Paedophile advised on Home Office children's homes report

 The Home Office in Marsham Street, London

Peter Righton, founder of Paedophile Information Exchange, now at centre of historical abuse inquiry

LAST UPDATED AT 10:46 ON Mon 18 Aug 2014

A teacher who was forced to leave a job due to complaints of child abuse and went on to campaign on behalf of paedophiles helped write a Home Office report on the residential child care system in 1970, it has emerged.

Peter Righton, who died in 2007, has emerged as the figure at the centre of an inquiry into historical child abuse, launched by the government last month.

By the mid-1970s, he had become a founding member of the Paedophile Information Exchange (PIE), which tried to decriminalise sex between children and adults. Then in 1992 he was fined £900 for possessing images of child abuse and was cautioned over an earlier assault.

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A cache of documents seized from his home after this arrest included evidence of a wide paedophile network and formed the basis of the upcoming abuse inquiry launched by the Home Office.

According to BBC Radio 4's Today programme, Righton was credited in a 1970 Home Office children's homes report for "considerable" help in a chapter on the training of residential workers.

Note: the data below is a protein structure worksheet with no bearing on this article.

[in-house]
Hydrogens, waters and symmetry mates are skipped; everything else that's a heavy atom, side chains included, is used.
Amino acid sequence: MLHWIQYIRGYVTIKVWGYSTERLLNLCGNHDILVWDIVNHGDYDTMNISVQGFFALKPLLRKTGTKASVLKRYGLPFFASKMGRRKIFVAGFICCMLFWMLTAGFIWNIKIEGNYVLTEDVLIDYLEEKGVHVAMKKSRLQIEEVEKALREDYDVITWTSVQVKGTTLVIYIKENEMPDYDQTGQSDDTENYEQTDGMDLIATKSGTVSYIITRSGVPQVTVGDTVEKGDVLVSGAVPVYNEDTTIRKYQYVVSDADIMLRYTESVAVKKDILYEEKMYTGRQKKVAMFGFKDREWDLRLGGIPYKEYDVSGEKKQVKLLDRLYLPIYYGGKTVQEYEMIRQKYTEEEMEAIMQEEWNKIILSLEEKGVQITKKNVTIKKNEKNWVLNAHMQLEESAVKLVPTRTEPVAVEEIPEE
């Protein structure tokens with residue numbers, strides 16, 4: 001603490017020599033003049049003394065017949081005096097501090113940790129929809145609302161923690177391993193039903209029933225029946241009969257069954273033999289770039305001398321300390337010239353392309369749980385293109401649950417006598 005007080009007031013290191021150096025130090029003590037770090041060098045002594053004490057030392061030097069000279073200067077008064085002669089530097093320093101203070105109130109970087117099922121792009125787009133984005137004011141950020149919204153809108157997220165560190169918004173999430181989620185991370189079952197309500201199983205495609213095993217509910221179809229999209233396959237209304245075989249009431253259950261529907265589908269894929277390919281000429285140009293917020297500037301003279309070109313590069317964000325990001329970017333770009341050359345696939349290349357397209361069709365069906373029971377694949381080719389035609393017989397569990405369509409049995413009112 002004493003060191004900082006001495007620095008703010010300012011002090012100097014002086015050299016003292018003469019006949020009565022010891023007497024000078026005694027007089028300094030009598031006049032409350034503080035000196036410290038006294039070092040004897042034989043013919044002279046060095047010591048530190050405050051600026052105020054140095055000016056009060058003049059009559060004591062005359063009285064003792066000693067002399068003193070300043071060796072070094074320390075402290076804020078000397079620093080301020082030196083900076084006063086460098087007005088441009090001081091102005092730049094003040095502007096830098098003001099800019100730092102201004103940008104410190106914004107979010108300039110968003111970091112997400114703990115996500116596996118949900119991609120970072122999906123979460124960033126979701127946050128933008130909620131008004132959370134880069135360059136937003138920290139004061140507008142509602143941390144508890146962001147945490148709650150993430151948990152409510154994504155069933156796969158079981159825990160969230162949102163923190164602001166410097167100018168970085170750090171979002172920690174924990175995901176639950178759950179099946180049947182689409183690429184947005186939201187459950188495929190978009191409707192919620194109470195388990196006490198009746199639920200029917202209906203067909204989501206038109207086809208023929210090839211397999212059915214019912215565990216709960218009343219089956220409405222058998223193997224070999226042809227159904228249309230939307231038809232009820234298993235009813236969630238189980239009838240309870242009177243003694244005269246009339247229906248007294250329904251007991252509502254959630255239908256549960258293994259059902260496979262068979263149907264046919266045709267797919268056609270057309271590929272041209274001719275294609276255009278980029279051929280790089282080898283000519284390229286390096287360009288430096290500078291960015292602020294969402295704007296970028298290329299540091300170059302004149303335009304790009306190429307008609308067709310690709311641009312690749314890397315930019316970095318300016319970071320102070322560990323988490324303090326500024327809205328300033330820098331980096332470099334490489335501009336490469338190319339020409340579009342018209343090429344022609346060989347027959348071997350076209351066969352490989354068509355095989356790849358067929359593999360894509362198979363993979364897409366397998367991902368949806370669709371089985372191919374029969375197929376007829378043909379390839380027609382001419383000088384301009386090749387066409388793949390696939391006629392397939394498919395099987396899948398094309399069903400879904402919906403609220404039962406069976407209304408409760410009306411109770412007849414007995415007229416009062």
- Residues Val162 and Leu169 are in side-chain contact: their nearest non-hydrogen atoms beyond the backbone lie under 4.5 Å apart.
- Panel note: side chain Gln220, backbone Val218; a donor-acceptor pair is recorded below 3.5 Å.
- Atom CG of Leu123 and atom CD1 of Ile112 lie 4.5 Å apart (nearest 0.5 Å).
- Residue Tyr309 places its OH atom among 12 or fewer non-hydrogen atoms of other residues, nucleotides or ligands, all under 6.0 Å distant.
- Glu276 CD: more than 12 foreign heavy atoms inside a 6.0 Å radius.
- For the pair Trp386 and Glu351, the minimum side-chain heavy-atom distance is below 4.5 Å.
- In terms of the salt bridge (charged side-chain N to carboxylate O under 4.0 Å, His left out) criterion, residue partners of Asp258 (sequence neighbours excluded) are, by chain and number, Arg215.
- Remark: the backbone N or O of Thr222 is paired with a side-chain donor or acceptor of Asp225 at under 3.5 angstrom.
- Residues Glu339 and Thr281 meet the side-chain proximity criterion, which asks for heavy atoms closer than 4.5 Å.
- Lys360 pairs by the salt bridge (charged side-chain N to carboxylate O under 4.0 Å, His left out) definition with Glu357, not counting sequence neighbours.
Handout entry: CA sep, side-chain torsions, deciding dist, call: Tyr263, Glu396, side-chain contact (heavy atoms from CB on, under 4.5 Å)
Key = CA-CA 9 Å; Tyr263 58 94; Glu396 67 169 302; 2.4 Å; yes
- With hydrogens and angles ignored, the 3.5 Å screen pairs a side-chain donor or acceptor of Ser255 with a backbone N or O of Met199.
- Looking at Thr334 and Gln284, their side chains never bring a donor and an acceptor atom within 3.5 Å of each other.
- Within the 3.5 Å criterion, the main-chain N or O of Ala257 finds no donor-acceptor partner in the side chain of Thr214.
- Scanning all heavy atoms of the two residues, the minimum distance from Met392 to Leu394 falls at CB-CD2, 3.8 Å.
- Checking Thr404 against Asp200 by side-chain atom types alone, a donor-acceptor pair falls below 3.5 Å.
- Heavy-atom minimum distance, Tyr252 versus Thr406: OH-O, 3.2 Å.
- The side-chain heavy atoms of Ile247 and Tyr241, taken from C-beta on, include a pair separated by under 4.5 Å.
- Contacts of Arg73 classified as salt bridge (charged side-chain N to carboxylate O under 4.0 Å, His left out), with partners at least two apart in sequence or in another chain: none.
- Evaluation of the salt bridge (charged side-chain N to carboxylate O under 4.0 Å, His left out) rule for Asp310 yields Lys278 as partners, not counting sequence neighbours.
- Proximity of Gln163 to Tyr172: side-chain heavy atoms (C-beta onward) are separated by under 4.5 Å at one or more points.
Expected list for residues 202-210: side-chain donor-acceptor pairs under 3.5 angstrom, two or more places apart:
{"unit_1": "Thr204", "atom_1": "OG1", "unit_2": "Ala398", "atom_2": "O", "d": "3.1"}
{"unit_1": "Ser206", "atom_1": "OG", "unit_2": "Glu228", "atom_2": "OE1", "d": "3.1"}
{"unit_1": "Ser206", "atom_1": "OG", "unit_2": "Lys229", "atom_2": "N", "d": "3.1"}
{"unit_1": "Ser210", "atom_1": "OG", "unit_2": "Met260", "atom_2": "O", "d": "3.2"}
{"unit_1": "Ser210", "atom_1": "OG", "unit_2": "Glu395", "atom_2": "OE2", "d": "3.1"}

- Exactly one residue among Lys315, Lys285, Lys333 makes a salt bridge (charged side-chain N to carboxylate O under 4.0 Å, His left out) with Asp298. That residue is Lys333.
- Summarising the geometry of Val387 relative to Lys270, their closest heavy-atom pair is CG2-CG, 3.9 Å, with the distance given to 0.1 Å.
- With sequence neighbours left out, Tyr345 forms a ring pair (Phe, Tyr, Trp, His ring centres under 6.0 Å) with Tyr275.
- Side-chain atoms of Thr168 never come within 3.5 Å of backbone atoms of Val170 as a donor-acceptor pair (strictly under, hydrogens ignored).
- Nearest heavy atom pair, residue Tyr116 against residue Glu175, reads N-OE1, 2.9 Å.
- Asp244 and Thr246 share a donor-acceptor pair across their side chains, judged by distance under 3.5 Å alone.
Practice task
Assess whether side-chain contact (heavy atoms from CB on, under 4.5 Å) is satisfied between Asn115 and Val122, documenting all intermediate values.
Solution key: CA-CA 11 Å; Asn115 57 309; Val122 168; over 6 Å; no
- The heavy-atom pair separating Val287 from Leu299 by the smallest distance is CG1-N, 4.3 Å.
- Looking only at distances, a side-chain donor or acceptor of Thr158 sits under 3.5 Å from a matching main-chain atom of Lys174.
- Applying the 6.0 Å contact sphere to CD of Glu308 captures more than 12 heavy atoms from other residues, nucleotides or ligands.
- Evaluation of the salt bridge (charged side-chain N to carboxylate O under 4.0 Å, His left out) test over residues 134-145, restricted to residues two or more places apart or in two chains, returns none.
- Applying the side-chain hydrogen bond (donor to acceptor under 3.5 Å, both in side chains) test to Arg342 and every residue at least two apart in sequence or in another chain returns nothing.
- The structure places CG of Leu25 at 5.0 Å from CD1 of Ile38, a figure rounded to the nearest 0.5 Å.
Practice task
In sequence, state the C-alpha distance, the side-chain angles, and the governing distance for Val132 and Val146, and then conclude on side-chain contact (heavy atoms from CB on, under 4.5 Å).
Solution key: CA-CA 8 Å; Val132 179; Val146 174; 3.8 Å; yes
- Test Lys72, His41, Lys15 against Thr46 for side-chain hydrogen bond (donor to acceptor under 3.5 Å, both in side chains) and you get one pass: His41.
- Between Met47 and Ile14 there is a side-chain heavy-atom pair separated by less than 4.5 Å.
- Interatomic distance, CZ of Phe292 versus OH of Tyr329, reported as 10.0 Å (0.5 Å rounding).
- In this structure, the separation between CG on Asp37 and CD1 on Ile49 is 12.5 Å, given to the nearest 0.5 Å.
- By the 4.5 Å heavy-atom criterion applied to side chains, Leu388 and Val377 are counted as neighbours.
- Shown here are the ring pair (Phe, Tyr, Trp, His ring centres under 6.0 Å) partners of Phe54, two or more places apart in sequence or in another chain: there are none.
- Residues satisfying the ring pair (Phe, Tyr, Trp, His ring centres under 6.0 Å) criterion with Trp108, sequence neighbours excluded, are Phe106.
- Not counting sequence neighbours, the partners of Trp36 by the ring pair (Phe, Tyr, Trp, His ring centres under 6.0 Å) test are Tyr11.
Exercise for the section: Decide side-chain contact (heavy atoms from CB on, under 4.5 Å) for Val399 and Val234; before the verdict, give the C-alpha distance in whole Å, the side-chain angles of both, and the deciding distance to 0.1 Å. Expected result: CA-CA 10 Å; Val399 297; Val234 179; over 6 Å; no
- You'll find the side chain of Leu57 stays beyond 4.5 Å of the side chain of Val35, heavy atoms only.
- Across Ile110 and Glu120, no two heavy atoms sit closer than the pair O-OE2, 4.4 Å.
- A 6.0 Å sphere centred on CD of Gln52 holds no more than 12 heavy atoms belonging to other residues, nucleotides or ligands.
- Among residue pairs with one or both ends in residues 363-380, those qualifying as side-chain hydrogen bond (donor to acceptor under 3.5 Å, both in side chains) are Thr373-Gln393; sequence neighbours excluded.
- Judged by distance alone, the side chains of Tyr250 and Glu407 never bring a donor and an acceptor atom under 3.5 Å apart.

The report, which was authored by a Home Office advisory committee, led to major reforms of 1970s children's homes. Yet Righton had already left a teaching job due to complaints of child abuse by the time it was written.

A former care professional told the Today programme that Righton visited children's homes "all over the country" during the period that he was contributing to the project.

The retired worker claimed Righton had admitted to taking boys out and using "sexual" language with them. They said the words Righton had exchanged with the boys were "not something that you would have in a healthy conversation with a child".

The Home Office has declined to comment on the revelations, but referred to Home Secretary Theresa May's comments in the House of Commons in July. May acknowledged that the Home Office "failed to act on allegations of child sex abuse" in the 1980s and that public bodies and other important institutions "failed to take seriously their duty of care towards children". · 

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